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Whitehouse Notebook: Dana Milbank

'Full Confidence'? Uh-Oh.

By Dana Milbank
Tuesday, December 14, 2004; Page A25

"We have full confidence in his integrity," White House press secretary Scott McClellan said of would-be homeland security secretary Bernard B. Kerik on Friday afternoon -- mere hours before the nomination was doomed by reports of unpaid taxes to an undocumented nanny, unreported gifts from an unsavory company and an unpleasant lawsuit linked to an unseemly assignation.

The White House's rapid distancing from and disparaging of Kerik suggest that McClellan and his colleagues had something less than "full confidence" in Kerik from the start. But that logic implies that when White House officials say "full confidence," they mean "full confidence." In fact, the phrase has become a Bush euphemism, a warning to the person in question that this might be a good time to circulate the résumé.


White House press secretary Scott McClellan will not speculate about the president's "full confidence." (Kevin Lamarque -- Reuters)

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Friday's Question:
It was not until the early 20th century that the Senate enacted rules allowing members to end filibusters and unlimited debate. How many votes were required to invoke cloture when the Senate first adopted the rule in 1917?
51
60
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67


Iraq administrator L. Paul Bremer had President Bush's "full confidence" -- but his incautious admission that more U.S. troops were needed in Iraq later cost him a top job in the second term. Attorney General John D. Ashcroft enjoyed the "full confidence" of the president before a series of tussles with the White House made many Bush aides eager for him to depart. George J. Tenet, too, had the "full confidence" of Bush when he quit as the embattled director of central intelligence. And Bush was "fully confident" in American relations with Spain -- before the pro-U.S. Spanish government fell.

Clearly, "full confidence" does not inspire confidence. So it should be seen as good news for Alberto R. Gonzales, Bush's choice to replace Ashcroft and the man responsible for vetting Kerik's nomination, that the president has not yet lavished "full confidence" on him.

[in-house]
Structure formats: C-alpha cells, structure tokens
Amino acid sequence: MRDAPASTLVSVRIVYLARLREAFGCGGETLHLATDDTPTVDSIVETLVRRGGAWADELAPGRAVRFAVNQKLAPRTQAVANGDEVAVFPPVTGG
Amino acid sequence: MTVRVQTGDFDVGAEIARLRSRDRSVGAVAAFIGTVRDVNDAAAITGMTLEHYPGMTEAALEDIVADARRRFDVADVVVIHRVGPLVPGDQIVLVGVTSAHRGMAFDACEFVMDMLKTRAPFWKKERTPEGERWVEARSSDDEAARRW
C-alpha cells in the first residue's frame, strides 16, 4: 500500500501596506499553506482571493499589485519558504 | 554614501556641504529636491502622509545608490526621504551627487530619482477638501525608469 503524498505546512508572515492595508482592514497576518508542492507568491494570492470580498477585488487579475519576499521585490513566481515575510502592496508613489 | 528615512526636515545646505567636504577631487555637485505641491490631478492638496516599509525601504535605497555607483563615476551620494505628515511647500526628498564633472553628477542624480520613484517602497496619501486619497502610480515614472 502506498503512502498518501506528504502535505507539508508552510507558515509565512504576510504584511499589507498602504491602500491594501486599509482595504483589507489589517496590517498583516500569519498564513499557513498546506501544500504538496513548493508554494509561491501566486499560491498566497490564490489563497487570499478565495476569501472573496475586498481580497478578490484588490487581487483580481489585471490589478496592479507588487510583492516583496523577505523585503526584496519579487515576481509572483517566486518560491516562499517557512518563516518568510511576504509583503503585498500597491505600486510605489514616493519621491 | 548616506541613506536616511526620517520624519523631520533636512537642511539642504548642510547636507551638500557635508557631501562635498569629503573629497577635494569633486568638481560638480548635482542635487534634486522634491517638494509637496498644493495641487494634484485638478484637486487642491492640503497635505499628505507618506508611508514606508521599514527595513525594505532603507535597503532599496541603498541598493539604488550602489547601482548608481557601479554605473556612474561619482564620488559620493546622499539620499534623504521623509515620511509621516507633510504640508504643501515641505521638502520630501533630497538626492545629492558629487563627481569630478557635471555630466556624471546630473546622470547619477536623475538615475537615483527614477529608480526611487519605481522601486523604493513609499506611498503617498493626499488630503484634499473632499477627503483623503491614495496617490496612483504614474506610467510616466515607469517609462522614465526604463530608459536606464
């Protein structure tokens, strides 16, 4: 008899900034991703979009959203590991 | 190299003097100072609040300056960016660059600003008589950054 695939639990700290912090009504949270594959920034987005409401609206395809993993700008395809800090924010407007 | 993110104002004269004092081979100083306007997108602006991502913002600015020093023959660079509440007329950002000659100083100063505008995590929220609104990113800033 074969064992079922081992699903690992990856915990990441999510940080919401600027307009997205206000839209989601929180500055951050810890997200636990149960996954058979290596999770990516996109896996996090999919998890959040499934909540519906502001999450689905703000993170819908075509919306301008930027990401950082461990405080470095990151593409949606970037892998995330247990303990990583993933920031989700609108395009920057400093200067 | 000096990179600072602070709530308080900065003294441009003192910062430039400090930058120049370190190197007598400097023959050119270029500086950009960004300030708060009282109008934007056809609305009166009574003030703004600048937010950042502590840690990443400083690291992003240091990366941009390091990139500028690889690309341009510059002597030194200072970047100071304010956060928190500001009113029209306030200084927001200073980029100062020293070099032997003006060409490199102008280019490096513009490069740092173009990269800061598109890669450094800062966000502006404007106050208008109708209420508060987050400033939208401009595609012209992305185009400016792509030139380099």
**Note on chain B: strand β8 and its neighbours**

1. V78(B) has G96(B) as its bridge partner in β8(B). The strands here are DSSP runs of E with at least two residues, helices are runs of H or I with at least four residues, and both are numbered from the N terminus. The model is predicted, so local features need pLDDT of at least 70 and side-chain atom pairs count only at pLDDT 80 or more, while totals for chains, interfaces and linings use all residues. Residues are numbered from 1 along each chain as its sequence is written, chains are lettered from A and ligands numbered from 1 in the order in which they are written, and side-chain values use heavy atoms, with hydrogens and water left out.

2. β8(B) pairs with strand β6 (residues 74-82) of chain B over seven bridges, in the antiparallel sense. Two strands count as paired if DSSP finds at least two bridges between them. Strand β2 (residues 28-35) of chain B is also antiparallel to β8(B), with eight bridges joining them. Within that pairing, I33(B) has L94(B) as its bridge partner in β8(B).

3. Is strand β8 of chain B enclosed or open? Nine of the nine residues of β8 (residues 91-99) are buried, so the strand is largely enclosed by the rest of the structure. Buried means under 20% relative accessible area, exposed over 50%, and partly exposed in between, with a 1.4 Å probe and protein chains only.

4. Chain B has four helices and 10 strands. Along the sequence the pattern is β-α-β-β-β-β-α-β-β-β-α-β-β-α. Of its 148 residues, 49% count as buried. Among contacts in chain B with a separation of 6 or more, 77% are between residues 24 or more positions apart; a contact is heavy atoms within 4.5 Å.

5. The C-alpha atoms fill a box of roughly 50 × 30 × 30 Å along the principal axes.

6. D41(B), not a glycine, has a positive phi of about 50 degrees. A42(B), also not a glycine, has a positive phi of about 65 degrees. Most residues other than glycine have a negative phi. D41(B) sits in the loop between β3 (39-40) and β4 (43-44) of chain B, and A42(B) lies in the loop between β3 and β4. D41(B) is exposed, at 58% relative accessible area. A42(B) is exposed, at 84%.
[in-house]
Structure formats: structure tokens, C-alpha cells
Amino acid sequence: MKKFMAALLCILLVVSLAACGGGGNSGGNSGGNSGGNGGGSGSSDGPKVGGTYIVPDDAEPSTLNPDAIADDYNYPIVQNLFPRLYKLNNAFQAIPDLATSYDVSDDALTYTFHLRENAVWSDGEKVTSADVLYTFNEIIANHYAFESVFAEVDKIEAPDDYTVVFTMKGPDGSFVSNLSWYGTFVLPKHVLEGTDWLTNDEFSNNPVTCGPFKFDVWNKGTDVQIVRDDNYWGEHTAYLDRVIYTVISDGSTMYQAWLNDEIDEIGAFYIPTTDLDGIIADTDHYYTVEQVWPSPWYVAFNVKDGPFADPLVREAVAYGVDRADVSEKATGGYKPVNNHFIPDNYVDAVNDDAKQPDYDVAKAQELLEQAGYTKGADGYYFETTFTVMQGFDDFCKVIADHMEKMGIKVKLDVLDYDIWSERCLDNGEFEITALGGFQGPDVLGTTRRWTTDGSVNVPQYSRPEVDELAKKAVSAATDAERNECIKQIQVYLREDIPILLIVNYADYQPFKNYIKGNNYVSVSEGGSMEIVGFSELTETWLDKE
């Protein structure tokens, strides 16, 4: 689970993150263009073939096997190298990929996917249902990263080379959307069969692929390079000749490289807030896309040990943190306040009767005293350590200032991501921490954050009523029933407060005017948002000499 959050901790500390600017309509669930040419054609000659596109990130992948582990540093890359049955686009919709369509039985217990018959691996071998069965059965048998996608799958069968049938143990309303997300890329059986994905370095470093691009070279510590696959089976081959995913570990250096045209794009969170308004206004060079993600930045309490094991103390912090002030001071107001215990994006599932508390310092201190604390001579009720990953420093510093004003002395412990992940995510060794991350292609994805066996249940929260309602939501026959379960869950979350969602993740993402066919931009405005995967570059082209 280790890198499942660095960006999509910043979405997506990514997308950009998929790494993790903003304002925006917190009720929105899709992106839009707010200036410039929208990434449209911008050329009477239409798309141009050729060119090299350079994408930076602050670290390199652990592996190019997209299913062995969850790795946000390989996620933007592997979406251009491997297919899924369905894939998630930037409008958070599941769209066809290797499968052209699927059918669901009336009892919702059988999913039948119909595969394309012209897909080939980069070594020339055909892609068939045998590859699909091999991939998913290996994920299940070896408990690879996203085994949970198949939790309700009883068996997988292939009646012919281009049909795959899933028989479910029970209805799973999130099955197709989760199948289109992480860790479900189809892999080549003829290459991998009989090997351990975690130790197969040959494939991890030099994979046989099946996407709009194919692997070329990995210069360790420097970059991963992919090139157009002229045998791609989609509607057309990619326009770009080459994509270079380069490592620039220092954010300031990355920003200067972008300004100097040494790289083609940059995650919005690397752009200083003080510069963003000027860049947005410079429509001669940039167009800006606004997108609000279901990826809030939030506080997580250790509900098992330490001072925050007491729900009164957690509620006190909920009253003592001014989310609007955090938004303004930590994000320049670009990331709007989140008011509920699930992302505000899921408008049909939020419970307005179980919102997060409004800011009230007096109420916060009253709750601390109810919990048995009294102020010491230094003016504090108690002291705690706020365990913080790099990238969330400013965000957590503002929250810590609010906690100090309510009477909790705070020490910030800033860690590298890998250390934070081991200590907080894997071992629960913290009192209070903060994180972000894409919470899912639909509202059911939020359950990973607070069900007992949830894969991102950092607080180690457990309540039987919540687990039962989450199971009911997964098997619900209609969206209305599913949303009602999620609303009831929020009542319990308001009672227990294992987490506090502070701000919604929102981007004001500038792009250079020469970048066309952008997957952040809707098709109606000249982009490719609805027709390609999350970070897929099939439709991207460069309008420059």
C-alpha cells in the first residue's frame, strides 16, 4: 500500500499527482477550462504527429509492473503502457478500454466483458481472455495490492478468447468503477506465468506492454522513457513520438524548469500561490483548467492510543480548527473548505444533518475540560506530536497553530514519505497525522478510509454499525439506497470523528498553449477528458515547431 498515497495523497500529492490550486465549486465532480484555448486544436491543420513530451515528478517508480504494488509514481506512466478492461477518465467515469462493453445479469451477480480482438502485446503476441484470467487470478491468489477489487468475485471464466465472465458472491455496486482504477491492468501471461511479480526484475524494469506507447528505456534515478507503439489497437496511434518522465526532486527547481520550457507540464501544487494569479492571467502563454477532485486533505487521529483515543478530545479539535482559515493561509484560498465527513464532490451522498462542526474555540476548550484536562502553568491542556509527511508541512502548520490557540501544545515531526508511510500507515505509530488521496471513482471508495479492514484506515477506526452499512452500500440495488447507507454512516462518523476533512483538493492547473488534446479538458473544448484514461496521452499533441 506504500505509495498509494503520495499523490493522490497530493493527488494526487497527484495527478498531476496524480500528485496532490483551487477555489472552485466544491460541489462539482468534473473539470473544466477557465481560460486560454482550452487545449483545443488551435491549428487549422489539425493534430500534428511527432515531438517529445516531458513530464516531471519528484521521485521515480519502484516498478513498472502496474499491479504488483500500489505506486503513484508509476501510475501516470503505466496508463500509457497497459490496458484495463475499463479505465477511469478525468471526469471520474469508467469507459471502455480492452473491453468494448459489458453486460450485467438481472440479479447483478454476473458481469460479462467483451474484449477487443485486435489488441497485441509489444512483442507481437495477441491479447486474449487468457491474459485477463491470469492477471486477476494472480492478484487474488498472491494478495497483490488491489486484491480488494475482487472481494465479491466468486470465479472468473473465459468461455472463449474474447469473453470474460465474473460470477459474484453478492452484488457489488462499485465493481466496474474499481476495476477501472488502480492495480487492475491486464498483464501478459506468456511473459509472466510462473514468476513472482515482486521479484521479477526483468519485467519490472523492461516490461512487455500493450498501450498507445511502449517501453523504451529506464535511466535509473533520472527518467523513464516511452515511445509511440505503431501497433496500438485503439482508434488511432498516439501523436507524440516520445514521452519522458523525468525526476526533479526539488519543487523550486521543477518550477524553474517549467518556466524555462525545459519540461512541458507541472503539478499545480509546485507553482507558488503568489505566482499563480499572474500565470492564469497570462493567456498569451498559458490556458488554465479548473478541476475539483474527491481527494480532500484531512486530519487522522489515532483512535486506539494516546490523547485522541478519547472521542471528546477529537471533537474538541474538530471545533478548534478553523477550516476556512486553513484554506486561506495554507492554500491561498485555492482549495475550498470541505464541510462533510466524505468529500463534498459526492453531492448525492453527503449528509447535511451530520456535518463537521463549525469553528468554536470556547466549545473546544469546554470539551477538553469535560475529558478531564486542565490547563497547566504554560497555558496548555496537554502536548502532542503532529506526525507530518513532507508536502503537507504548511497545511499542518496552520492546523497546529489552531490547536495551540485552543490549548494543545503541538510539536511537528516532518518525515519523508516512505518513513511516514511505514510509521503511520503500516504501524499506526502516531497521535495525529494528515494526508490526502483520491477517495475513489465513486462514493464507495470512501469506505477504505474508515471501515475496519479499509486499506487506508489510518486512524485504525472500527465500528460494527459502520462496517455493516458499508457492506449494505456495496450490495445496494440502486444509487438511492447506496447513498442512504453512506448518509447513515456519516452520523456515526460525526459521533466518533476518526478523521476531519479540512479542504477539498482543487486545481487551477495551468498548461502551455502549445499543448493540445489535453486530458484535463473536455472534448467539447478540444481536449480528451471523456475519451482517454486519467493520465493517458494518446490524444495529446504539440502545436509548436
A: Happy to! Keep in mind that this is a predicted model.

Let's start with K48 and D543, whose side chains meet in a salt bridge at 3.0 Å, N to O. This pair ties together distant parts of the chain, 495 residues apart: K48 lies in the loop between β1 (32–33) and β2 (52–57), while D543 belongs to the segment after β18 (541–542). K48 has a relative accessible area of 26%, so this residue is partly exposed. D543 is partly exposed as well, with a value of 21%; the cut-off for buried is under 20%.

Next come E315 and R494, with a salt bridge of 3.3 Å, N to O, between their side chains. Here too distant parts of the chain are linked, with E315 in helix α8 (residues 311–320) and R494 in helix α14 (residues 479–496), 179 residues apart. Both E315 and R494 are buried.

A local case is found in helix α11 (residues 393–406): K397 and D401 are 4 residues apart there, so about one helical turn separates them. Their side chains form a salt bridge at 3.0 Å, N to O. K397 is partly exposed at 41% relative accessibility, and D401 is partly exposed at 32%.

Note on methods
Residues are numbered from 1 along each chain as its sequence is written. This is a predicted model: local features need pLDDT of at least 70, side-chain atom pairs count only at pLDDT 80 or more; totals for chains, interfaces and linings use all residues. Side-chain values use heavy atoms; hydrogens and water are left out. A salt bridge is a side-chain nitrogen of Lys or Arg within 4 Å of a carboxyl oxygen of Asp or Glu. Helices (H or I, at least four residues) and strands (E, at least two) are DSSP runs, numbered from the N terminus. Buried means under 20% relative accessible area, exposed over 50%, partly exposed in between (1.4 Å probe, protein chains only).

The phrase is one of several creative euphemisms the White House has adopted to get it through awkward moments. Death in Iraq is gently described by the "folded flag" given to parents and spouses. Federal borrowing for Social Security is called "upfront transition financing." The absence of forbidden weapons in Iraq has become the presence of "weapons of mass destruction program related activities."

Tort reform is now "reducing lawsuit abuse." Abortion melts into "a culture of life." Drilling in the Arctic National Wildlife Refuge is softened as part of "a comprehensive energy plan." And just as surely as a "frank exchange" has always been used to describe a testy meeting, woe to the person described, as U.N. Secretary General Kofi Annan was recently by McClellan, as "someone we will continue to work closely with."

At times, Bush inadvertently drops the euphemism, as he did in 2002 when he declared, accurately but prematurely: "The policy of my government is the removal of Saddam." Moments later, he amended: "Maybe I should be a little less direct and be a little more nuanced, and say we support regime change."

At the moment, the most favored euphemism is "We never speculate." Of course, Bush and his aides speculate all the time, about democracy in Iraq, improvement in the economy and victory at the polls. But when McClellan declines to speculate -- as he did an impressive 13 times in Monday's afternoon briefing -- he's merely stating, "I will not answer."

Was the White House aware of Kerik's trouble? "There's certainly some speculation going on, but that's all it is. It's speculation." Was the nanny problem just a cover for the bigger problems? "I'm not going to try to speculate from this podium. . . . There's speculation out there, but I'm not going to try to speculate." Was McClellan dismissive of the charges against Kerik? "I've seen speculation in the media. Like I said, I don't think it serves anyone to get into the speculation from this podium."

Of course, for much of this "frank exchange," McClellan was not being asked to "speculate," only to discuss events that had already occurred. But it would be unproductive to complain about McClellan's retreat to euphemism, because he is "someone we will continue to work closely with."

After all, nobody expects "regime change" in the White House press office -- unless, that is, Bush was trying to send McClellan a hint when he said in June 2003: "I've got the full confidence in my new press secretary."


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